It’s now about the VIPs for Ali Gul Pir

Comedian-singer is now ready with his third number, VIP.

The video of VIP shows Pir in the shoes of a VIP, who has no empathy for the masses but also looks forward to abusing them. DESIGN: SAMRA AAMIR


After singing about the stereotypical Waderai Ka Beta and then throwing the creepy Taroo Maroo in the limelight, comedian-turned-singer Ali Gul Pir is now back with a third single, VIP. This time, as the name suggests, the track is about “very important people” or “big shots” who think they are above the all-so-ordinary awaam.

“It’s a very angry song — I feel the character [that has been portrayed in the song] had to capture the true essence of a VIP,” says Pir. “The song also shows the hopelessness of us ordinary people.”

The artist, who has been touring for the greater part of the year, explains how the idea of the song came about. Pir noticed the division of society amongst two types of people — the masses and the very important individuals. During his visit to the Wagha border, he saw that ordinary people had to stand far away from the change-of-guards ceremony, while the so-called big players, were seated in the front.

All of Pir’s songs have been character-based so far, which he designs and composes himself. For his live performances, Pir has three guitarists and one drummer.

“I am not a singer. Some people might classify me as a rapper, but my style of music is an extension of my comedy,” he continues. “My music is supposed to be very out there. I don’t do love songs — that’s not my style.”

The video of VIP shows Pir in the shoes of a VIP, who has no empathy for the masses but also looks forward to abusing them. Nicely produced, the concept is in true Ali Gul Pir-style — filled with sarcasm, satire but also an innate introspective feeling that the political and social culture caters to the few and privileged.

“We, the awaam, are not very important people, there is a thin line between security and harassing common people,” explains Pir.

Recently, Pir was in Lahore for a 14-show-tour in Punjab schools and colleges. His live act is one of the most diverse performances taking place currently in Pakistan, due to the fact that it is designed as a combination of stand-up, improv-comedy and music.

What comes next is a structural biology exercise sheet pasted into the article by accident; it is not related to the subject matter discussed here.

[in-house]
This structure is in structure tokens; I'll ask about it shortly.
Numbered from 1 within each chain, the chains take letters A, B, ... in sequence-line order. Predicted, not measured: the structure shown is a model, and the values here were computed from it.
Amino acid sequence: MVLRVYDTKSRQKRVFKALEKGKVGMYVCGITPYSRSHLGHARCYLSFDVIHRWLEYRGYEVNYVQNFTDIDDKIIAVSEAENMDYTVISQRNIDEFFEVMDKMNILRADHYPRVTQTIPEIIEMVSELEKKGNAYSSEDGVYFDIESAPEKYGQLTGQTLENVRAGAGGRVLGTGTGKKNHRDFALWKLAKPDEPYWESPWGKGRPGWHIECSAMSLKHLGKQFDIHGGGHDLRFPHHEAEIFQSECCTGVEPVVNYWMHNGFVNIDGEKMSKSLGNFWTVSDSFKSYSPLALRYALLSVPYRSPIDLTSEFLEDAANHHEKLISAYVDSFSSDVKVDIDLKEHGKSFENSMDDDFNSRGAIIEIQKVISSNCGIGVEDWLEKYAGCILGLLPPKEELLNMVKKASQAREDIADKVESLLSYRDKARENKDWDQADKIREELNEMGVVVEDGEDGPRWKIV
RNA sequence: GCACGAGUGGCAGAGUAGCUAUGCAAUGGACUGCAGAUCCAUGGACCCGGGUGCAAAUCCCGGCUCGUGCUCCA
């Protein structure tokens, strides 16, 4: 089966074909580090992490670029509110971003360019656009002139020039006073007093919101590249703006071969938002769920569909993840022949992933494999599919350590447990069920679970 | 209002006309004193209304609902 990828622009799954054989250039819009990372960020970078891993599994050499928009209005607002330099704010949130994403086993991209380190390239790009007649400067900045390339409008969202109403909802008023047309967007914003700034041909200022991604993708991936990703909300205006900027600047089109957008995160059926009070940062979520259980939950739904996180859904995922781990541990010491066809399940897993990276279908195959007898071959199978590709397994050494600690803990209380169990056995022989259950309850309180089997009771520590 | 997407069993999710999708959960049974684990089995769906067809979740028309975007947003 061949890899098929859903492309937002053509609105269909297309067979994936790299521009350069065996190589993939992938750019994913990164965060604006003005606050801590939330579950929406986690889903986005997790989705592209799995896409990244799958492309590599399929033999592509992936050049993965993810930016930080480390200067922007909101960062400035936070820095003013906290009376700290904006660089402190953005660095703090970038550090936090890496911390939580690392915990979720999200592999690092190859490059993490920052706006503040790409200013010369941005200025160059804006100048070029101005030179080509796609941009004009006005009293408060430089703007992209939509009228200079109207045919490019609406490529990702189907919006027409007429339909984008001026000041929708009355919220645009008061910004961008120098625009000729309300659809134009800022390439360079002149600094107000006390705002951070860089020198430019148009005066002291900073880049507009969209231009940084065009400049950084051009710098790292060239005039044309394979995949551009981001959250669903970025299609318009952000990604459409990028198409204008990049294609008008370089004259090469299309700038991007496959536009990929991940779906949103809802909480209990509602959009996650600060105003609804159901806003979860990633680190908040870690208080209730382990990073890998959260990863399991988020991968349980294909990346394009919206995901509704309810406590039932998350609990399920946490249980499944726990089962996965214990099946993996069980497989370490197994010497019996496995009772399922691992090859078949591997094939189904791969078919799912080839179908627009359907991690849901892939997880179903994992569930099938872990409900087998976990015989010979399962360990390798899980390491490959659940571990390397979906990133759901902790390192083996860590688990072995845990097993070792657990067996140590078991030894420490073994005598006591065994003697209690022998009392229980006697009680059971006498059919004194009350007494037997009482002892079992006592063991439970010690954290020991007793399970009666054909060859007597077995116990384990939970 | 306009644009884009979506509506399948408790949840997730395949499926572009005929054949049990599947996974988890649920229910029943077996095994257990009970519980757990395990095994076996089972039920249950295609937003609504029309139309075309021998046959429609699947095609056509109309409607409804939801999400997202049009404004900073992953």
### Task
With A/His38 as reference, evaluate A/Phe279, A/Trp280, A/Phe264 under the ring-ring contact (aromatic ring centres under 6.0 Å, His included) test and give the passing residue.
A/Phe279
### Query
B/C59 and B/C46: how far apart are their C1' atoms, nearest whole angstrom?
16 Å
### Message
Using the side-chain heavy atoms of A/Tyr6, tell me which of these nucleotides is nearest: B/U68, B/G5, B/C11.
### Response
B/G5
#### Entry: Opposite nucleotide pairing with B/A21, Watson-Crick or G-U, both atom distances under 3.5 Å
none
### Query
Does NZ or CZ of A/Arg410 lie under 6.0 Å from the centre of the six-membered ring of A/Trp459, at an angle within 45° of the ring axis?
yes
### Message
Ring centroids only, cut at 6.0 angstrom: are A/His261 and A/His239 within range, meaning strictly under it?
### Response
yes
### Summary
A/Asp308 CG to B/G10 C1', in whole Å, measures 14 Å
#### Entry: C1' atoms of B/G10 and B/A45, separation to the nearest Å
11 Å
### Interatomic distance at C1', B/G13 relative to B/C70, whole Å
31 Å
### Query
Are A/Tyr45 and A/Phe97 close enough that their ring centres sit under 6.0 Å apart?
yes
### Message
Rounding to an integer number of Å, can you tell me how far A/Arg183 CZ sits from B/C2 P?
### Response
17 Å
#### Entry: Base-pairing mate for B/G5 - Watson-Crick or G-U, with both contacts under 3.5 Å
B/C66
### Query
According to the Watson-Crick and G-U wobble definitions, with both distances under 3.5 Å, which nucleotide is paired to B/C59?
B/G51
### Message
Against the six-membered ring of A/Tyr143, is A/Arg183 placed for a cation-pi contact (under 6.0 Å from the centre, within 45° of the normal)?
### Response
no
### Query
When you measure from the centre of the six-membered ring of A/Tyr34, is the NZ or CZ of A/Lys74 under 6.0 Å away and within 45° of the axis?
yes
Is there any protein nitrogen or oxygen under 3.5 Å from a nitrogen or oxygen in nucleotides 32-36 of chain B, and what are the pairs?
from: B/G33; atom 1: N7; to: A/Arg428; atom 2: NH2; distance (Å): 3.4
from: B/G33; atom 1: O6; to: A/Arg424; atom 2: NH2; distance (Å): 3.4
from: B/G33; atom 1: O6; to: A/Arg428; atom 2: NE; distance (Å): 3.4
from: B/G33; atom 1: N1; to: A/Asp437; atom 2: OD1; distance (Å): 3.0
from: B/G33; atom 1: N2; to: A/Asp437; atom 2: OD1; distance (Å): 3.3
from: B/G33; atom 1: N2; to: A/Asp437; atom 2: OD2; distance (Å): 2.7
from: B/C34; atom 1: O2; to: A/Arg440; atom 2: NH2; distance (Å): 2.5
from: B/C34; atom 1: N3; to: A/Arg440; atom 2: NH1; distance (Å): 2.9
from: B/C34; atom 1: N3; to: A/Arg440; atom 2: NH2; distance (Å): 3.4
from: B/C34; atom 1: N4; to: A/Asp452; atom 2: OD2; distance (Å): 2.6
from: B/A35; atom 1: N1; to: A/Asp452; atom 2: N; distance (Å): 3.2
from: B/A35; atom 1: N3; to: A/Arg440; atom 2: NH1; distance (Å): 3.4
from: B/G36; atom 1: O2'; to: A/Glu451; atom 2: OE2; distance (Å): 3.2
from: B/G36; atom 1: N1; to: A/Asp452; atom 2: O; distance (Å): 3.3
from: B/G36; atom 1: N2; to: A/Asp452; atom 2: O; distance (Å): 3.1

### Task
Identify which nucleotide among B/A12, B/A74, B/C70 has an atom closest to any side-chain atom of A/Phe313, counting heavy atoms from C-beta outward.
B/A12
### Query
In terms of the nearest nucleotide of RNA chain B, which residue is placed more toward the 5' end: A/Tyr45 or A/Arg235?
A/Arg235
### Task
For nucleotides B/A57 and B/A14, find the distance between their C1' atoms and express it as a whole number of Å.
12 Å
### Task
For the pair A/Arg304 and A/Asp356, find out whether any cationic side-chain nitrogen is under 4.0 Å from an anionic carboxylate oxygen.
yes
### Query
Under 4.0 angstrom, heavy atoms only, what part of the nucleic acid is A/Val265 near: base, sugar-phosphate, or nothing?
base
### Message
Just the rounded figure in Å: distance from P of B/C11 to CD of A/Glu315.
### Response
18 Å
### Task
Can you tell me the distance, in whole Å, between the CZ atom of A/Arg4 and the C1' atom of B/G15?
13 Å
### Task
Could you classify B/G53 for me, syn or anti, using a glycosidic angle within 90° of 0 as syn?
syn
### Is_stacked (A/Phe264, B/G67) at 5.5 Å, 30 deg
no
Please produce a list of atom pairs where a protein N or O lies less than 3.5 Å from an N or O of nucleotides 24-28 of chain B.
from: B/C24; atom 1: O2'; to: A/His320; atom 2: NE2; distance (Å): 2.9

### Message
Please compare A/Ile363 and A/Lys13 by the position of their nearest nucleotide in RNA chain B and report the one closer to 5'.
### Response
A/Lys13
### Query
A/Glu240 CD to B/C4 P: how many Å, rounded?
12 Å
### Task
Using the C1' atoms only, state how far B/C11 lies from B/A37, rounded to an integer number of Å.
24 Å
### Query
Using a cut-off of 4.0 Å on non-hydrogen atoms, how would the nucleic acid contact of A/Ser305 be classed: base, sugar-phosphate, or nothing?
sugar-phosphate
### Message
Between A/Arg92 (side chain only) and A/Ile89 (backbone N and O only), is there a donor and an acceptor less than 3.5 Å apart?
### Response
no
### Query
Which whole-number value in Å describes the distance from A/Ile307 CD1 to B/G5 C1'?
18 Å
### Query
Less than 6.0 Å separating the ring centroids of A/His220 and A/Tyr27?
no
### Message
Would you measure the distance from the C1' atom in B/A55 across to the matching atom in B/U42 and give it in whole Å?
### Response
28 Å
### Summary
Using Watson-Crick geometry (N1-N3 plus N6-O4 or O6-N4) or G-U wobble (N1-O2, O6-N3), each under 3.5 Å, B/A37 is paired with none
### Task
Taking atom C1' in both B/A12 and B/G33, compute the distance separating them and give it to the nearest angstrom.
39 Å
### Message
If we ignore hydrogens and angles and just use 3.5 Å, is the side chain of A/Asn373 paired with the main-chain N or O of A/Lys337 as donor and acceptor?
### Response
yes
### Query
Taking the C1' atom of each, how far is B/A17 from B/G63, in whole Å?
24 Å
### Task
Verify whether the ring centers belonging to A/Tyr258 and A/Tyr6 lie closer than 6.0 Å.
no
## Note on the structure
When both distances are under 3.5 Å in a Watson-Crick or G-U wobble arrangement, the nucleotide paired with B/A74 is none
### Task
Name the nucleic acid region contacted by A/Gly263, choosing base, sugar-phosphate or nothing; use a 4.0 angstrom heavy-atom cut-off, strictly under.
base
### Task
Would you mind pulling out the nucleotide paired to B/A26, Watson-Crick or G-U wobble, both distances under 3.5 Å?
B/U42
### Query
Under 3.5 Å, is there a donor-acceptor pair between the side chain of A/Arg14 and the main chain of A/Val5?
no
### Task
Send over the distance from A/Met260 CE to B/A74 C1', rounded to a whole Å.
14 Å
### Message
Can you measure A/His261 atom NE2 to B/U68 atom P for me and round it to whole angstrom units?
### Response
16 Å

“I like doing my performances live because I feel that the audience should always take away something different from each performance,” he adds.

Pir has been working on several projects including Viral Saeein, which is an internet-based reality show which looks to find what could be the next viral sensation.

Speaking of going viral, Pir has been one of the many vocal artists that have called for the government to revoke its ban on YouTube. He says that the ban has created many difficulties for artists and that other platforms are not able to provide the same user accessibility.

“It’s a big loss, but still if the content is good then I think there is that chance for something to go viral,” he says. “I am working very hard, doing radio shows and morning shows, to make sure that I can push my art out to the maximum amount of people.”

Published in The Express Tribune, May 3rd, 2013.                      

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Sahar Khan | 8 years ago | Reply

@amir jafri: You are a complete case of "important individual" or "no-sense-at-all". This song is not about a cultural legacy rather it says a lot about the socio-political condition of Pakistan. Grow up! Lolz

In the know... | 8 years ago | Reply

@amir jafri: The fact that you placed Abrarul Haq in the same cadre as Alam Lohar and Eesa Khelvi, shows how inept a music commentator you are. If you don't like someone's music, change the channel!! What is good for your ears is not necessarily soul food for others. Ali Gul's songs are not about the music or rhythm, as much as they are about commentary and satire. The comedian himself claims he is not a musician / singer, but a comedian who writes and executes songs for dispersion of a message he feels strongly about.

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